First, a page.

Even the least tech-savvy individuals will likely have heard of firewalls, and understand the purpose they serve in keeping computers safe from becoming attacked or debilitated by external sources. For a long period of time, firewalls tended to be pleasantly reliable for the most part, and would defend against the entry of malicious threats to the unit itself or the network it was a part of.
Like any solid Canadian web hosting provider, those of us here at 4GoodHosting don’t need to be convinced of the need for these safeguards. However, given the nature of our business we’re also front and center for seeing how firewalls aren’t the far-reaching and reliable solution they once were.
A new report called the Dirty Secrets of Network Firewalls has found that one-in-four IT managers could not identify around 70% of network traffic, and that on average 45% of network traffic goes unidentified. The most crucial finding of the survey, however, was that most firewalls were failing to do their job adequately. Along with this ever-growing lack of visibility into network traffic comes a more threatening reality of these individuals not being able to control what they can’t see.
84% of the IT professionals who responded admitted to having real concerns about security due to lack of visibility into network traffic. A similar percentage of those same respondents agreed that lack of application visibility was a serious security concern for businesses and could impact effective network management. The results of such looseness? Ransomware, malware, data breaches and other advanced threats for starters.
Reasons for Less Reliability
Major increases in the use of encryption, browser emulation, and advanced evasion techniques are the primary factors that detract from a network firewall’s ability to provide a sufficient amount of visibility when it comes to application traffic.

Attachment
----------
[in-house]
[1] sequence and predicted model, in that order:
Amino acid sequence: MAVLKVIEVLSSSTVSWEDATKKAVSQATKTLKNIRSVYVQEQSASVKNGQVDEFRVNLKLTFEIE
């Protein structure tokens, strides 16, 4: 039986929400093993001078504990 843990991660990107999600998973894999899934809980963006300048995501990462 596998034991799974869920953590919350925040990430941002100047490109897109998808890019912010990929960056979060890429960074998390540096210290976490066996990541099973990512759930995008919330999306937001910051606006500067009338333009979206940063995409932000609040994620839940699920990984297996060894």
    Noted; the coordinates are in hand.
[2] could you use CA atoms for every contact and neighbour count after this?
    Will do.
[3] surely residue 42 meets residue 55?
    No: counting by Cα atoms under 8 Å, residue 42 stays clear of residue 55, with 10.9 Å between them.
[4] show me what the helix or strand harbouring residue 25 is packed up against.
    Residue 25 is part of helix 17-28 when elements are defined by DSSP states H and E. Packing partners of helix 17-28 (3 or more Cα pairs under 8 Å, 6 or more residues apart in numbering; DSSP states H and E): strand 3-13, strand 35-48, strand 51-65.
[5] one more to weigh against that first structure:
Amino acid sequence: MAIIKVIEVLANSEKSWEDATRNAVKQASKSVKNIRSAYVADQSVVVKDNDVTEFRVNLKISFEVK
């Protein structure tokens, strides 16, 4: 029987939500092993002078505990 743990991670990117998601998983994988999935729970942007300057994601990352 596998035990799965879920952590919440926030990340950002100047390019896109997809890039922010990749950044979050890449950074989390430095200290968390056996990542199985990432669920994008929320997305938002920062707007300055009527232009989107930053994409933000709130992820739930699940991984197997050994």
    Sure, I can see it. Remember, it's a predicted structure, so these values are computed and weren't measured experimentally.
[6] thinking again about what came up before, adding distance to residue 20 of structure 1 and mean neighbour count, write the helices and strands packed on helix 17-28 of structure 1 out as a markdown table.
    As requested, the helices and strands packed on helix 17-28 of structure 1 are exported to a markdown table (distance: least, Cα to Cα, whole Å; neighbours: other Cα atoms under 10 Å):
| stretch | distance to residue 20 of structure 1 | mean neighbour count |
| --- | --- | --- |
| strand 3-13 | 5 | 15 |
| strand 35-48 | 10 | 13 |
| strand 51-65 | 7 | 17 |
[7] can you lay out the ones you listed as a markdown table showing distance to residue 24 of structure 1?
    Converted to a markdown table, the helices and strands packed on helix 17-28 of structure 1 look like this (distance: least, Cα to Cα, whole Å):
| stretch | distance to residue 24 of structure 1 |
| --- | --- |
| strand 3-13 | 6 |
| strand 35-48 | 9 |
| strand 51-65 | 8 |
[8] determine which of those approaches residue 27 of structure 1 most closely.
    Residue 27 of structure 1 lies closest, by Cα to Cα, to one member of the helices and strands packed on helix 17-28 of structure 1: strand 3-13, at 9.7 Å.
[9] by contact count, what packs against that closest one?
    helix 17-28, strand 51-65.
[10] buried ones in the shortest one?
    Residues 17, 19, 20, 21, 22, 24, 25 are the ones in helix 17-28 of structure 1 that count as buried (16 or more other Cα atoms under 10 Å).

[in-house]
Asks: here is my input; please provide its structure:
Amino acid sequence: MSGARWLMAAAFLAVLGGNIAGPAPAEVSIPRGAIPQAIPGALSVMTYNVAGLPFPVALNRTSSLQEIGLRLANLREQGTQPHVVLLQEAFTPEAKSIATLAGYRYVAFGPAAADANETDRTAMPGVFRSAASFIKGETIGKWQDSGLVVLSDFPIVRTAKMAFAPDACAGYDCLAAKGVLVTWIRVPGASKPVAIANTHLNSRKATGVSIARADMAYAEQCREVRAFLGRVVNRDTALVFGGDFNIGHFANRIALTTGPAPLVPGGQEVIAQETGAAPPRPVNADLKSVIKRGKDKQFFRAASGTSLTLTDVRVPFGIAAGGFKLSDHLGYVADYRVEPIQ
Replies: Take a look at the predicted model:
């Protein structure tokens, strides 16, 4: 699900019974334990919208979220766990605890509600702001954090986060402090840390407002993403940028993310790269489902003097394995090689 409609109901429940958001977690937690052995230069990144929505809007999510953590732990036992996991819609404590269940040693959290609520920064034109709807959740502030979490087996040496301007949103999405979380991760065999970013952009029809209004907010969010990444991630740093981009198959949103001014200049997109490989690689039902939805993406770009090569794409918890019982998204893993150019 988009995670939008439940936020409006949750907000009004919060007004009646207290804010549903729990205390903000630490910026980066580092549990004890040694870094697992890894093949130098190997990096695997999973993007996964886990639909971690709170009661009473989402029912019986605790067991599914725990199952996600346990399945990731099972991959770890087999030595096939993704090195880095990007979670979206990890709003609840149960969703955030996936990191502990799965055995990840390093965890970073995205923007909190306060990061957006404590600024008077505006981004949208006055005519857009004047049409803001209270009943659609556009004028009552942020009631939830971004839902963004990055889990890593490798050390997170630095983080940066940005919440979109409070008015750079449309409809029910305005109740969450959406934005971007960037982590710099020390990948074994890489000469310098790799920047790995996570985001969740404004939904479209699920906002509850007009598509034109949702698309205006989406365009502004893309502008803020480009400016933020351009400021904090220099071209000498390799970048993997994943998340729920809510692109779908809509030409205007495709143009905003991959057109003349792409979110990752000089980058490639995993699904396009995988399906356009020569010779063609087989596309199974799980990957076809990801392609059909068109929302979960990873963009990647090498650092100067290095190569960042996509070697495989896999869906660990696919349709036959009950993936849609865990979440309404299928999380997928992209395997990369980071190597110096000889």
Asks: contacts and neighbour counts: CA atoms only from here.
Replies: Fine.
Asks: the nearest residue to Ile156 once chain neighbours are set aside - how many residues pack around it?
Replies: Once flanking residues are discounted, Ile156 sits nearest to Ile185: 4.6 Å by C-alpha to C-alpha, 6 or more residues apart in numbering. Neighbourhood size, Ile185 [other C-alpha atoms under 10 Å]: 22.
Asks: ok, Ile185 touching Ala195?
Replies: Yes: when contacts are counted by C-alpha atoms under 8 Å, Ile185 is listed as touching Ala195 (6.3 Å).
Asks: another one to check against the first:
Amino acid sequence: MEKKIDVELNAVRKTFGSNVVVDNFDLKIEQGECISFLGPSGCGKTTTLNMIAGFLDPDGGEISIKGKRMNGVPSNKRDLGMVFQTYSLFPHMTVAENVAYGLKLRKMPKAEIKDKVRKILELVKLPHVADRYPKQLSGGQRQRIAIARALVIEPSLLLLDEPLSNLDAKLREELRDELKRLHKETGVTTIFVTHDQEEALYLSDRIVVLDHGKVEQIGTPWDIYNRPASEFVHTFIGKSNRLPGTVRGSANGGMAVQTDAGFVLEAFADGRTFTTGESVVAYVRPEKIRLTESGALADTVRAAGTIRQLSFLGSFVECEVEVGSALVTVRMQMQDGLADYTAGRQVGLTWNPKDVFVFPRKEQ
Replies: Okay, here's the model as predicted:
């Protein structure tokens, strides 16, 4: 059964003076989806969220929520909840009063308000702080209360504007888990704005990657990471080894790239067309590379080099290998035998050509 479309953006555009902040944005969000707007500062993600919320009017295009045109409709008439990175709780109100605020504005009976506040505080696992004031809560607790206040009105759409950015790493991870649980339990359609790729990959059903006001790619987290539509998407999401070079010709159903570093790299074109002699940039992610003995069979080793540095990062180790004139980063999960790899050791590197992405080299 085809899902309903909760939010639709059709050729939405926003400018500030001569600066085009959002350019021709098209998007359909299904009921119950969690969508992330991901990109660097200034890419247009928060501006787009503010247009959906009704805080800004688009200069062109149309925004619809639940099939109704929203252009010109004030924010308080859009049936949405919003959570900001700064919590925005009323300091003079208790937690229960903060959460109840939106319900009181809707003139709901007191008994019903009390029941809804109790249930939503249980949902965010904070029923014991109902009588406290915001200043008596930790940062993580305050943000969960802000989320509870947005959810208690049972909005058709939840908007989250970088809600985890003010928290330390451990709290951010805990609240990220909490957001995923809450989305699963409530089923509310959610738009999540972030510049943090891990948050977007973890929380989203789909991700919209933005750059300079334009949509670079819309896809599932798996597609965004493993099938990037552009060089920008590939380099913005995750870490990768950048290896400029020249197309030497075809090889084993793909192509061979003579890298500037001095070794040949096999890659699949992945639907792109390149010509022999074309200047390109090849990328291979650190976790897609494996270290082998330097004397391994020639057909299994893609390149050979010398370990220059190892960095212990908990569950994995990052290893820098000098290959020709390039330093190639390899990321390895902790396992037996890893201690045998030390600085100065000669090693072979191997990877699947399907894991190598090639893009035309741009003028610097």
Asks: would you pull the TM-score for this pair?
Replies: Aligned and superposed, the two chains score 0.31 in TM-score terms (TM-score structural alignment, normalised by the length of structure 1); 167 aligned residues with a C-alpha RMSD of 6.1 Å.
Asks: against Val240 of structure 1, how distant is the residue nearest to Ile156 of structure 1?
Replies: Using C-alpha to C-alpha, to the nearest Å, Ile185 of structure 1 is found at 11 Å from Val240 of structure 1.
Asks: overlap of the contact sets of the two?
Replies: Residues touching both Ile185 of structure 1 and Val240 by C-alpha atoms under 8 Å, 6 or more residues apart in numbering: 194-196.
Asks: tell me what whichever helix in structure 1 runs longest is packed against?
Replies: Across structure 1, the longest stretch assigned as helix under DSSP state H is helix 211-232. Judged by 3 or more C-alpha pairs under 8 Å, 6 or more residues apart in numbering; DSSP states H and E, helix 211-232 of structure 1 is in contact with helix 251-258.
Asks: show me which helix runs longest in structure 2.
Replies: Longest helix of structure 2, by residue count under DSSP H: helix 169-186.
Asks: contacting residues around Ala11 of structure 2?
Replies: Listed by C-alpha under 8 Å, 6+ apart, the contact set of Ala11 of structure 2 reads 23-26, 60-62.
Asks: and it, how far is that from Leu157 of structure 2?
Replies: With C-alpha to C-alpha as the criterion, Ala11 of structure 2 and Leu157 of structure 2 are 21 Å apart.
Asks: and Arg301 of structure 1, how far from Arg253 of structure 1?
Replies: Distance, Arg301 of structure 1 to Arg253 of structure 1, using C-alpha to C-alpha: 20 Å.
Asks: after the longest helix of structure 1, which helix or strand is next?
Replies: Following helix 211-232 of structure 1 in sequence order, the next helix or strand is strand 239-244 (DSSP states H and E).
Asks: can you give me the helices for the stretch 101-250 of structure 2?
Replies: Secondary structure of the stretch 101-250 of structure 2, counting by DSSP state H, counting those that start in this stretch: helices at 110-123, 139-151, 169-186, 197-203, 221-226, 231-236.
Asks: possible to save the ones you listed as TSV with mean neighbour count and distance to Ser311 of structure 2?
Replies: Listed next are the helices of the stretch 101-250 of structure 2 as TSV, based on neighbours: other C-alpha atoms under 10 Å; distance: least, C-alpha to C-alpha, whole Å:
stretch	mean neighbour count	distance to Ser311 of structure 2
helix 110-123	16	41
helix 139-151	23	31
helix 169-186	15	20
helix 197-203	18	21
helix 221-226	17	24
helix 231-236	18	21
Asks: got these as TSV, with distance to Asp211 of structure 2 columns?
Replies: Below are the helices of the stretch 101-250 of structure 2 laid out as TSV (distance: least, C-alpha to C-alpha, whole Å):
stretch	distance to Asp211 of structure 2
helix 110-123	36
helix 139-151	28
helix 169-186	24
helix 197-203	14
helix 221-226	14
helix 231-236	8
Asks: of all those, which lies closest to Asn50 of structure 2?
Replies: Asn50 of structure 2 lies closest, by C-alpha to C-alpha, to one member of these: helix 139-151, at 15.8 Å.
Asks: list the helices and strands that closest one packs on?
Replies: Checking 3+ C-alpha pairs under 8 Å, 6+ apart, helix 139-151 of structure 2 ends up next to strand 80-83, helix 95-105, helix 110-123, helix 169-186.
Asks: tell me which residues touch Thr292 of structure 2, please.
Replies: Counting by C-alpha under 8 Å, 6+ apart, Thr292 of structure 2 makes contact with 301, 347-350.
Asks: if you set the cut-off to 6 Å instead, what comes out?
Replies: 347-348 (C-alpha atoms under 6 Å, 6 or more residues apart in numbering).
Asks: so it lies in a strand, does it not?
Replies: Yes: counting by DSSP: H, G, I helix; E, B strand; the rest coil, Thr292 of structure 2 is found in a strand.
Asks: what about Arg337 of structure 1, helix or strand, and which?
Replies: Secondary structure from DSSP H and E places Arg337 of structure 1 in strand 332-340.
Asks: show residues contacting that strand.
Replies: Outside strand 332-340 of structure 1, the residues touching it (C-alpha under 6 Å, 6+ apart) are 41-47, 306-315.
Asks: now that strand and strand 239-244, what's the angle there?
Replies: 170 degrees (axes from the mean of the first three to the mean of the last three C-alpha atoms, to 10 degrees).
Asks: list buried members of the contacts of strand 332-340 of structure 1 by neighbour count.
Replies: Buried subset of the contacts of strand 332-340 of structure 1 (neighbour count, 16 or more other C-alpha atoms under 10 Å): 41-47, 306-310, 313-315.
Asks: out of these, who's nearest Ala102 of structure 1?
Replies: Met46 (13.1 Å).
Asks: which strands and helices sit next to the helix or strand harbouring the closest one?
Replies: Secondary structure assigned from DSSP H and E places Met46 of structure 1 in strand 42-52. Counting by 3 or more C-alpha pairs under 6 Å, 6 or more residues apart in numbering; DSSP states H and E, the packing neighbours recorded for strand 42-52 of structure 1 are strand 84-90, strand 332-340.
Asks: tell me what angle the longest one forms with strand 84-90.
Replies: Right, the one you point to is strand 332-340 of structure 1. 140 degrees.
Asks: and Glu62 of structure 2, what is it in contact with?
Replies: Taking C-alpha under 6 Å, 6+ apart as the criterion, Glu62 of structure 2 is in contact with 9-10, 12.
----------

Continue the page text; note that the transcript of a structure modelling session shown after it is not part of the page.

The report also states that organizations spend an average of seven working days remediating infected machines each month. Even small-sized enterprises spent an average of five working days on average doing the same thing. Larger ones? Try an average of ten working days to remediate 20 machines per month. That’s a sign of both ineffectiveness and forced inefficiency, to say nothing of squandered productivity elsewhere.
The organizations polled were all looking for an integrated network and endpoint security solution that would put an end to the threats. 99% of IT managers wanted a firewall technology that will take infected computers and isolate them automatically, while 79% of them would more simply like their current firewall to serve them better. 97% of these respondents expected the same vendors to offer firewall protection that allowed direct sharing of security status information.
Lack of visibility into network traffic
In addition to the severity of these security risks, the lack of visibility is also a major concern. 52% of IT managers reported that a lack of network visibility had negative implications for business productivity, and primarily because they could not prioritize the bandwidth for critical applications. Industries that rely on custom software to meet specific business needs are finding that an inability to prioritize these mission critical applications over less important traffic is becoming quite costly. Highlighting that is the fact that 50% of the respondents who invested in custom applications were unable to identify the traffic, and making insufficiently informed decisions has been significantly impacting their return on investment.
The survey also found that:
- An average of 45% of network traffic was going unidentified, and not controlled accordingly.
- 4% organizations are concerned about security.
- 3% organizations are concerned about productivity.
- 9% IT pros wish for better protection than that provided by their current firewall.
- Organizations dealt with 10-20 infections per month.
It’s unlikely that anyone ever saw the first incantations of firewalls to have any sort of ‘set-it, forget-it’ promise, but it’s clear now that a big-picture review of their design, function, and -most importantly – results in application is very much due. It shouldn’t take much for this to become a priority issue in the web and digital security world.